A far-flung Norwegian province likes Brooklyn so much that it is recreating the look and feel of the borough during its post-War glory years with an extensive redesign of the center of the town — aptly dubbed Brooklyn Square.
Farsund’s love affair with Brooklyn was consummated on Saturday when the municipality signed a Sister City agreement with Bay Ridge — despite the fact that Bay Ridge is not a city.
The signing between Councilman Vince Gentile (D–Bay Ridge) and Henrik Width, deputy general consul of the Norwegian Consulate, took place in the shelter of a Sixth Avenue church during decidedly Norwegian weather, and has no real legal or binding effect, but is meant to show support and good will toward the region, which has always had an affinity for the borough.
“It’s important to remember where you came from,” said Gentile. “With this signing, we celebrate our two cities and shine a spotlight on the mutual contributions that have vastly enriched all of our lives.”
Farsund, which is a municipality of Vest Agder, Norway, hosts an “American Festival” every year — featuring 1950s and 1960s American music, classic American cars, and a Norwegian Elvis impersonator — and is currently recreating the look and feel of a post-war Bay Ridge on the town’s Eighth Avenue in its “Brooklyn Square.”
“We have American shops, an American bar and supper club with American food and music, a museum — and we have even changed the name of our street into Brooklyn Square,” said Hans-Egill Berven of Farsund, one of the planners of the project.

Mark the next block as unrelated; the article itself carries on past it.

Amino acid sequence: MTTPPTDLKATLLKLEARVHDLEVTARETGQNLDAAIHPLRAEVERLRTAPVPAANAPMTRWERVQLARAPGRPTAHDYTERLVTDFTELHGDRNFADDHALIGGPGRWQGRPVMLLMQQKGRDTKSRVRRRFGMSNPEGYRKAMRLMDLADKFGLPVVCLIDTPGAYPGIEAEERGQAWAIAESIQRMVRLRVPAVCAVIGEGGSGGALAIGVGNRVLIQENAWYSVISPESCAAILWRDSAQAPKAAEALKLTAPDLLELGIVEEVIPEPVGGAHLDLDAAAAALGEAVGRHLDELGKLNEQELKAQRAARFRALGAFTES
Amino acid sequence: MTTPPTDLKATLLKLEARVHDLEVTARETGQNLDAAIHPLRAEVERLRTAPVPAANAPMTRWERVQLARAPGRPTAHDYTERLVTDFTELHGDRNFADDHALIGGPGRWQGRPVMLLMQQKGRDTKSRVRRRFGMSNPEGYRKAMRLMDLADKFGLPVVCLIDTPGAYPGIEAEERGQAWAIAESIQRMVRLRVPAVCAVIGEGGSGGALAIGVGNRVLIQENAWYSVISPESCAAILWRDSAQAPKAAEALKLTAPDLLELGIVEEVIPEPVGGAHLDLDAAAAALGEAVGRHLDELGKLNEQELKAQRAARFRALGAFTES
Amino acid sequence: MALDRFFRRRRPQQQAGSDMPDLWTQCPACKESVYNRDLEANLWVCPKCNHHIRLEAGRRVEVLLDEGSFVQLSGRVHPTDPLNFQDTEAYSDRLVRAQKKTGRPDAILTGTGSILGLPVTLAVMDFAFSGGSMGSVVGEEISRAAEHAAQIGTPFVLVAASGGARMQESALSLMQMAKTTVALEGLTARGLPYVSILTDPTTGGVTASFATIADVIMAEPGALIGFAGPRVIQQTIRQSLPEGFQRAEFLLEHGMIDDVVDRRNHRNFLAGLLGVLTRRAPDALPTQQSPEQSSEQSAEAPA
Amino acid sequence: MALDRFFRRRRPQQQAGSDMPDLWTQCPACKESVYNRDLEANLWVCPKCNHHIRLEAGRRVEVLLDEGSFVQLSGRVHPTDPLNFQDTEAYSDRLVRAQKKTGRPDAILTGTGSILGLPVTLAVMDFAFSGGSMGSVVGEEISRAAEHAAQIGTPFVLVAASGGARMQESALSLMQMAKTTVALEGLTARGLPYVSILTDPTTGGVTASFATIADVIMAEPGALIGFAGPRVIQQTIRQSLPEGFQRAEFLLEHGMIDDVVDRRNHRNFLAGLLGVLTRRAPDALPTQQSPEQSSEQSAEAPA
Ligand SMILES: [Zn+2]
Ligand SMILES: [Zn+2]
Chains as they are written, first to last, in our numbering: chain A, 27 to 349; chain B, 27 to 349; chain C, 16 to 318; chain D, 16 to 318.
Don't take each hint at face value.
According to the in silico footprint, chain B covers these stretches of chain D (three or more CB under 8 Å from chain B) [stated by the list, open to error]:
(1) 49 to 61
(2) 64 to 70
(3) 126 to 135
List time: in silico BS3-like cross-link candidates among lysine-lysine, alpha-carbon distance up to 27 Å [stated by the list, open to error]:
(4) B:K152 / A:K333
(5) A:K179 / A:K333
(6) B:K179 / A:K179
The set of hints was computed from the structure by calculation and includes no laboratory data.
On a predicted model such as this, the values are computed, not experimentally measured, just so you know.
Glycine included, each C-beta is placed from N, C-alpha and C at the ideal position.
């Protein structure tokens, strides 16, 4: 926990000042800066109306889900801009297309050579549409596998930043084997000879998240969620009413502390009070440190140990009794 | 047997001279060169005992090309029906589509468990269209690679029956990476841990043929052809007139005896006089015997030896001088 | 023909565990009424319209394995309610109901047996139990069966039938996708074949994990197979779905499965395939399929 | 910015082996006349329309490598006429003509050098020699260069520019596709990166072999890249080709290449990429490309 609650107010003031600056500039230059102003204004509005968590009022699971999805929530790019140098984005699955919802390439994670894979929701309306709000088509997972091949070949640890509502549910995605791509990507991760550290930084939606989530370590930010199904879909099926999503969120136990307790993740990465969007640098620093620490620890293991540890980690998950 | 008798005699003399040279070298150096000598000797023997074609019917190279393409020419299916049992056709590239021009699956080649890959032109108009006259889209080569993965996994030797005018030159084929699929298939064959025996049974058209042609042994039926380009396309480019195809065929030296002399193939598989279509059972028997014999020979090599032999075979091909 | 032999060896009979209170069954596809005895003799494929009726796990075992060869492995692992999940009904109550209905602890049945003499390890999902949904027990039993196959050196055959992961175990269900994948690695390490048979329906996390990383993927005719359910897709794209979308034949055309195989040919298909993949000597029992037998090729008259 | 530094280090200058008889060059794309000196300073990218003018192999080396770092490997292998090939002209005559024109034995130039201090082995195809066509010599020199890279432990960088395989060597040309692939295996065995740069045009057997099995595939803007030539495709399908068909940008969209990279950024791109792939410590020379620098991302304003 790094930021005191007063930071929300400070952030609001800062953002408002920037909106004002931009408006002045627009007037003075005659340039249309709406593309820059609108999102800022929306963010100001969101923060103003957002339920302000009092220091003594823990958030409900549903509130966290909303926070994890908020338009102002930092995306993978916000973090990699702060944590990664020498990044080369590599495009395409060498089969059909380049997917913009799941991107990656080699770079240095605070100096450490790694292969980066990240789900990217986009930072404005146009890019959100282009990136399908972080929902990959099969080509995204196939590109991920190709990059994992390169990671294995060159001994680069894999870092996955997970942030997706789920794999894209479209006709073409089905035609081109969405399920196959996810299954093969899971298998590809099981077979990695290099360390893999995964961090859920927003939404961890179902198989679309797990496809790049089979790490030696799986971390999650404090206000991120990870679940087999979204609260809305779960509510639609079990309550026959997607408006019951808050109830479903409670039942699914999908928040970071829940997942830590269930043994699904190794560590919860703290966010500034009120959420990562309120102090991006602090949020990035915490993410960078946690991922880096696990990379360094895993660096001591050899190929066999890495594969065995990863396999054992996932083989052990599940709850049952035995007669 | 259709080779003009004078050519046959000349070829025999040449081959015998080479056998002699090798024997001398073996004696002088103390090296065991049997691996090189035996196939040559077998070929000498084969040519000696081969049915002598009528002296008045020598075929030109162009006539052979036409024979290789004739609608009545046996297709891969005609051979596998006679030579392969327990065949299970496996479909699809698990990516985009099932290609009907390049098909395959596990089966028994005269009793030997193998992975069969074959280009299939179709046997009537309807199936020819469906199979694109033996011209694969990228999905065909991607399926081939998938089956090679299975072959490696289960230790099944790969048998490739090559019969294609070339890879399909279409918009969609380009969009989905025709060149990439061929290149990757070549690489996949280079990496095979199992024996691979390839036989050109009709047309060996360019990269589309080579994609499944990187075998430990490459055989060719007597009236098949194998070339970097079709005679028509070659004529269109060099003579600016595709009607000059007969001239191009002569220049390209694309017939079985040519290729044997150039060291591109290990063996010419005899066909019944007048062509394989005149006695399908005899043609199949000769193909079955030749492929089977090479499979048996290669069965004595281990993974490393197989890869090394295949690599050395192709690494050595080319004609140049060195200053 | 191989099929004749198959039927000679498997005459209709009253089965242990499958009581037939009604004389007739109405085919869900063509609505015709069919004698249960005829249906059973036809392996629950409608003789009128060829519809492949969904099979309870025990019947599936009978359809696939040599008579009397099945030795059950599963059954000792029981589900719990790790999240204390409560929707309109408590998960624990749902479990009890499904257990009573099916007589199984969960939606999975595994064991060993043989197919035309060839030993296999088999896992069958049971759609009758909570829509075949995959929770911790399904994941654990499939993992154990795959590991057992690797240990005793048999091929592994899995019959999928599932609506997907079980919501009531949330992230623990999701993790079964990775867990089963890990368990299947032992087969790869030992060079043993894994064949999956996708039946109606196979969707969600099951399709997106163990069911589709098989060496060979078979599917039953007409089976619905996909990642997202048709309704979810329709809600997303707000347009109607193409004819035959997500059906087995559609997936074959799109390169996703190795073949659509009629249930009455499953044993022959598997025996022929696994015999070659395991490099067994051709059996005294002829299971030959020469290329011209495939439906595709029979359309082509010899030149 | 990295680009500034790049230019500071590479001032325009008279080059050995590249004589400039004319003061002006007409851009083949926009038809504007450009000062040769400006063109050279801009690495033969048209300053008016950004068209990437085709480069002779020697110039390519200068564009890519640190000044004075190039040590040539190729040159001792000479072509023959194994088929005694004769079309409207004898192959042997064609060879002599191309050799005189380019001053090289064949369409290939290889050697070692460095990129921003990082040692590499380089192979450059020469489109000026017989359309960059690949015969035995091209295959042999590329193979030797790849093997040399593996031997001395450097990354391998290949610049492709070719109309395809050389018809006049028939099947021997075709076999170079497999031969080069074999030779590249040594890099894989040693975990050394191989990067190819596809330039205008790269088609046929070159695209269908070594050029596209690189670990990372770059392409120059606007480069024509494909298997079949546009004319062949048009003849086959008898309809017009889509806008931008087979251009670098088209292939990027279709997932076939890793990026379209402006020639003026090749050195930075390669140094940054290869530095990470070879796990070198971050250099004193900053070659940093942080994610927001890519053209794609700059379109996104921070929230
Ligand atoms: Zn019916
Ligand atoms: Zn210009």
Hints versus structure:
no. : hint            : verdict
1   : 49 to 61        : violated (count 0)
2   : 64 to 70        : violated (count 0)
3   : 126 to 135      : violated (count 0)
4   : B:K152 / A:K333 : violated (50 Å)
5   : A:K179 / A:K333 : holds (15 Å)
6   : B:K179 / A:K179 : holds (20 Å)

Brooklyn’s ties with Norway stretch back at least 150 years, when thousands of Nordic craftsmen set sail for the promised land to help build the rapidly growing city.
“They were good carpenters, floor layers, sailors and businessmen,” said Farsund Mayor Richard Ivar Buch. “Many of these Norwegian-Americans came back to Farsund and sent their children and grandchildren to America to make a career like they themselves had done. Farsund today is more Americanized than any other society in Norway.”
Norwegian transplants who remembered Farsund in the economic doldrums following World War II said Brooklyn was appealing because of the prevalence of jobs in the shipbuilding trade.
“Norway has shipped so many people over here,” said Madnar Hansen, a Norwegian contractor who has lived in Brooklyn for 62 years. “There weren’t so many local jobs, so they came here.”Reach reporter Dan MacLeod at dmacleod@c